In mid-November the English Prime Minister announced that any new build or building undergoing major renovations is required by law to install electric vehicle charging points. This could mean that up to 145,000 homes or offices being built in England each year will need to incorporate electric vehicle charging stations.
England is working towards reducing its carbon footprint through reducing the amount of fossil fuel vehicles on the road. In New Zealand we also have changes coming. Primarily the high carbon fee, imposed on cars with high emissions.
However could we see the New Zealand government encouraging such a law on our building standards and requirements? Shopless explains this new English law, and what New Zealand is doing to reduce carbon emissions.
Why has the English Government imposed this law?
The English government has imposed this law, to speed up the process of reducing the amount of fossil-fuel vehicles. The UK has a goal of banning all new fossil-fuel vehicles by 2030. Thus, incorporating these vehicles into new homes and workplaces is to help road users adapt to the use of electric vehicles. By having charging stations at home and at the office, it is easier for individuals charging their electric vehicles regularly. Reducing costs as EV owners do not have to pay for an electric vehicle parking space to charge their car.
The English government had proposed this law to incorporate electric chargers into new builds in 2019. Which has been widely celebrated by sustainability and climate focused organisations.
Is New Zealand positioned to have a similar response to England?
There is no indication that the New Zealand government will adopt similar laws or the changes that have been seen in England. In June 2021 the NZ government announced a clean car initiative. This initiative focuses on making electric cars more accessible and affordable for New Zealanders. And also puts an import tax on cars with higher carbon emissions. However as we have seen in our previous blog focusing on the most popular cars in New Zealand, this change has seen an increase of high emission cars sold. With New Zealand’s most popular cars still being high emission vehicles.
An Argus media report stated that: “New Zealand is not on track to reach its target to reduce GHG emissions by 30pc from 2005 levels by 2030 and achieve net-zero GHG emissions by 2050, according to the CCC report.” Indicating that despite efforts to reduce the carbon emissions through the imposing of car tax. There is no indication that NZ will be close to meeting the desired reduction in carbon emissions.
However the clean car emissions scheme will only be adopted in 2022. The Ministry of Transport has predicted that this initiative will “prevent up to 9.2 million tonnes of carbon dioxide emissions and will help with the upfront cost of switching to an EV or low emission vehicle.” So let us hope that the ministry of transport is correct in their predictions, to encourage a cleaner, greener New Zealand.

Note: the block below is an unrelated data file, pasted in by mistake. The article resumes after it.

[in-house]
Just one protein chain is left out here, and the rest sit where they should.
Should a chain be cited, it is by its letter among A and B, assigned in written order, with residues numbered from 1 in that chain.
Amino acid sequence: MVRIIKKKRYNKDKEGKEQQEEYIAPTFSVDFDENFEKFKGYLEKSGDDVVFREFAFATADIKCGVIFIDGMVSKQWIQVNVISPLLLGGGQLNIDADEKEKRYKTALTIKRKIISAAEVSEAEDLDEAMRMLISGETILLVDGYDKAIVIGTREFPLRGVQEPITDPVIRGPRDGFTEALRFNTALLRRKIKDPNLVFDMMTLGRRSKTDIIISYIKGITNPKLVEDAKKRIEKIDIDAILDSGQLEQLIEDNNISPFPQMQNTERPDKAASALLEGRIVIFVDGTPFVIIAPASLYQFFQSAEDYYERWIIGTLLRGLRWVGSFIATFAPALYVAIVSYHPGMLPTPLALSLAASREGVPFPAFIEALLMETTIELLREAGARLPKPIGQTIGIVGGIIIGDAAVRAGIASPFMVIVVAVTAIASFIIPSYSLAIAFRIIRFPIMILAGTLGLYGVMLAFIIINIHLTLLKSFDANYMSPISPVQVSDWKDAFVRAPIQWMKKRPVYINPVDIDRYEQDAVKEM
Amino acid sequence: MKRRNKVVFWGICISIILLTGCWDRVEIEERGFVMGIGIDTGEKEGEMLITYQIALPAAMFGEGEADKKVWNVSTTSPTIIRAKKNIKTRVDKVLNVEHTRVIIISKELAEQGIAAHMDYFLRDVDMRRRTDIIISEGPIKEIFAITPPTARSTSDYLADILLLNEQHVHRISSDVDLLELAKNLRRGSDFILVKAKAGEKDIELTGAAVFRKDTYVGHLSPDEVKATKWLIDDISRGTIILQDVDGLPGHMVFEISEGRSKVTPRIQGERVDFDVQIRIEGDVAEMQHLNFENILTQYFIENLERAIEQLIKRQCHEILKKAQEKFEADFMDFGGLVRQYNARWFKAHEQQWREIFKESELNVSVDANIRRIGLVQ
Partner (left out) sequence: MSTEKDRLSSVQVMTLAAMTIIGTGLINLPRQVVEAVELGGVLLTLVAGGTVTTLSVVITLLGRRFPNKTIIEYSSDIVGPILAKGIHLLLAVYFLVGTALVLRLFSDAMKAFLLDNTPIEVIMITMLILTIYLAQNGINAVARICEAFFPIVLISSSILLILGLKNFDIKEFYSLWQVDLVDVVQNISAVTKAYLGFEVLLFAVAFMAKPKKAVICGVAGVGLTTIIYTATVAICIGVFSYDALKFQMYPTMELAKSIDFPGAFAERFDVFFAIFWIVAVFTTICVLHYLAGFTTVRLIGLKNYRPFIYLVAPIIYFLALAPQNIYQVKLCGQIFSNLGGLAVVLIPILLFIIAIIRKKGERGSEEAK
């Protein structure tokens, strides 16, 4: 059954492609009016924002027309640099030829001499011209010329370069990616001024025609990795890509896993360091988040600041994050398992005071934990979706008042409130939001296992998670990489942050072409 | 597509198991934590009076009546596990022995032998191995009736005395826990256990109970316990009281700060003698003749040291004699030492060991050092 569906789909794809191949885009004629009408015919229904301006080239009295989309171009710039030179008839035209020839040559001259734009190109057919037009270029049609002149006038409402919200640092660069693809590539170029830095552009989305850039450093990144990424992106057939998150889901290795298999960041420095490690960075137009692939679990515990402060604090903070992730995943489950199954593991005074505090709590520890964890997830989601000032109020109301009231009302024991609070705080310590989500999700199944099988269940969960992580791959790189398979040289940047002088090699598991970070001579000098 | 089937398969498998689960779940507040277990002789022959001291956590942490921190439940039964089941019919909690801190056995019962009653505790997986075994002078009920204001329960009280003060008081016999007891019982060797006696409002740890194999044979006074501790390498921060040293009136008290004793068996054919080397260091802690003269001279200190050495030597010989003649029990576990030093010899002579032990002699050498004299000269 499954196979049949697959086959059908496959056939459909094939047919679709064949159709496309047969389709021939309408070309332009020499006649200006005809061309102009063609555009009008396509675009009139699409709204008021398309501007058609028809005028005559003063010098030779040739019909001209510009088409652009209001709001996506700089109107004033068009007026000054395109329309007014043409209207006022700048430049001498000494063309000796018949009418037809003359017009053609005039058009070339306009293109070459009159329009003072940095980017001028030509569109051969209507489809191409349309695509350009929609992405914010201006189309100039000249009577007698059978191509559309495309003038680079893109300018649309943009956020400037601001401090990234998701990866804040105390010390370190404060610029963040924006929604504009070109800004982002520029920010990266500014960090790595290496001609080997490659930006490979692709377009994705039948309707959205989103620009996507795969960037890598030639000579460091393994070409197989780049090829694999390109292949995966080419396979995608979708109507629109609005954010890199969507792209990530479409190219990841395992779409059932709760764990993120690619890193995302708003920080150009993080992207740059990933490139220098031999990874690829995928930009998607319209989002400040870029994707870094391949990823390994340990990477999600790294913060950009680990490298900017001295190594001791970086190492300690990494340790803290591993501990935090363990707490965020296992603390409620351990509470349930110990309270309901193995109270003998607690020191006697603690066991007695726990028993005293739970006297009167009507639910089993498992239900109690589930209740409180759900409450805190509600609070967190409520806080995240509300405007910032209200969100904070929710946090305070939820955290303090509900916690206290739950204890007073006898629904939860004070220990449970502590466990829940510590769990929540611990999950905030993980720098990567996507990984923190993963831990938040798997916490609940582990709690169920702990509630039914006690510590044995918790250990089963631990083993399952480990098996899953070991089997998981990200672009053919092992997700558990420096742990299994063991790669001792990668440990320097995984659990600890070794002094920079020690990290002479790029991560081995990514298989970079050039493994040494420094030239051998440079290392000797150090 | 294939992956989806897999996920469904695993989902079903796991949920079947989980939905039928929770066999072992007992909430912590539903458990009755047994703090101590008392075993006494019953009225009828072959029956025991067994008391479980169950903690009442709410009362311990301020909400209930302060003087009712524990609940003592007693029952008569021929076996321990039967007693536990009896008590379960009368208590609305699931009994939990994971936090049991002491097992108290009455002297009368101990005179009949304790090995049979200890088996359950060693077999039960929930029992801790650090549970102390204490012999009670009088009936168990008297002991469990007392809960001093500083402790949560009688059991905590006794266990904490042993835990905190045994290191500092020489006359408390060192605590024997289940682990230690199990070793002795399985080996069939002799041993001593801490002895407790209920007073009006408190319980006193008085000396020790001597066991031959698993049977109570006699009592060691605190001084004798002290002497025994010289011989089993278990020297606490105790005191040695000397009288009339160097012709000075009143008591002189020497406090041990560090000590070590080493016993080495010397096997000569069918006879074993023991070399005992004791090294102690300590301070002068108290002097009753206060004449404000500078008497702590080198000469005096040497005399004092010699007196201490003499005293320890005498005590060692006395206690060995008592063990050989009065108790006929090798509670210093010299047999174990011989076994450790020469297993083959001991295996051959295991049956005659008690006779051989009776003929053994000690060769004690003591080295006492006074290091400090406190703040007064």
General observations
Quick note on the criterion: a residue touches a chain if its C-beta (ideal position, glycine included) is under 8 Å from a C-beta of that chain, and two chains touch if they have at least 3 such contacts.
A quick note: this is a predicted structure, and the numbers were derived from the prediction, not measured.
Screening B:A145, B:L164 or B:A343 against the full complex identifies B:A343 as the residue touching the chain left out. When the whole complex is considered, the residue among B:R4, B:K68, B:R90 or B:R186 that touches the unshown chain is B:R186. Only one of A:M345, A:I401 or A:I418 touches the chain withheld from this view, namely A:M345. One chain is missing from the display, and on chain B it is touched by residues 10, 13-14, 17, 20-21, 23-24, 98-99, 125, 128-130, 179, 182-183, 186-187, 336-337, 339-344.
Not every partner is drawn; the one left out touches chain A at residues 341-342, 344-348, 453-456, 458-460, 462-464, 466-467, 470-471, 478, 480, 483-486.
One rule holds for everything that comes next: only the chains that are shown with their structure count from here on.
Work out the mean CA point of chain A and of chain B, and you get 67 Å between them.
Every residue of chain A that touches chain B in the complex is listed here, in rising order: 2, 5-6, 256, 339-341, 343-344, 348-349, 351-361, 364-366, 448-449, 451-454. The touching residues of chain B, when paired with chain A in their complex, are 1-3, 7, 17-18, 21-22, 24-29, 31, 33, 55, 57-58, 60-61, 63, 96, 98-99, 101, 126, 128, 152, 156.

There has been no law change or discussion about regulating new builds or major renovations to incorporate electric vehicles.
What is New Zealand’s Carbon Emissions goal and timeline?
New Zealand does have an ambitious carbon emissions goal. Our target is guided by the Climate Change Response (Zero Carbon) Amendment Bill, which was passed in 2019 as a framework for New Zealand’s carbon emissions target. The act aims to reduce all carbon emissions produced in NZ to a net zero by 2050. Net zero refers to the overall balance between the emission of greenhouse gasses and the greenhouse gas emissions taken out of the atmosphere.
An article in NPR discussed New Zealand’s capability of reaching such a goal. “The country is well-positioned to hit zero. New Zealand already generates 80% of its electricity from renewables. And that portion will be higher by 2035 as offshore oil and gas are phased out. The government is shifting its fleet to electric vehicles and is working to transition other vehicles to electric, too. The government also has restarted a program subsidising home insulation. And is putting $14.5 billion over the next 10 years into transit, biking and walking infrastructure. In addition, New Zealand has already committed to planting 1 billion trees by 2028.”
Overall New Zealand is working towards building a greener future. However the results of certain initiatives such as the car taxes are still to be seen.
New Zealand Electric Vehicle Initiatives
Many New Zealand businesses are already working towards incorporating electric vehicles into their businesses. Many retailers, supermarkets and malls have incorporated electric vehicle charging docks into their car parking spaces. Other businesses have also placed electric vehicle spaces into their staff car parking. Additionally some businesses have incorporated electric vehicles into their fleets. Including Waste Management using electric trucks for rubbish collection. And NZ post using electric courier vans. You can see a list of companies incorporating these vehicles into their business, in a stuff article here.
Overall the shift towards electric vehicles is a positive one in the UK. England is leading the way in their goal to see no new fossil fuel cars by 2030. We hope that the current initiatives in NZ are also effective, and help to meet our 2050 zero carbon target. If you are looking to purchase a car, or sell your current car. Make sure to check out the motors section of Shopless.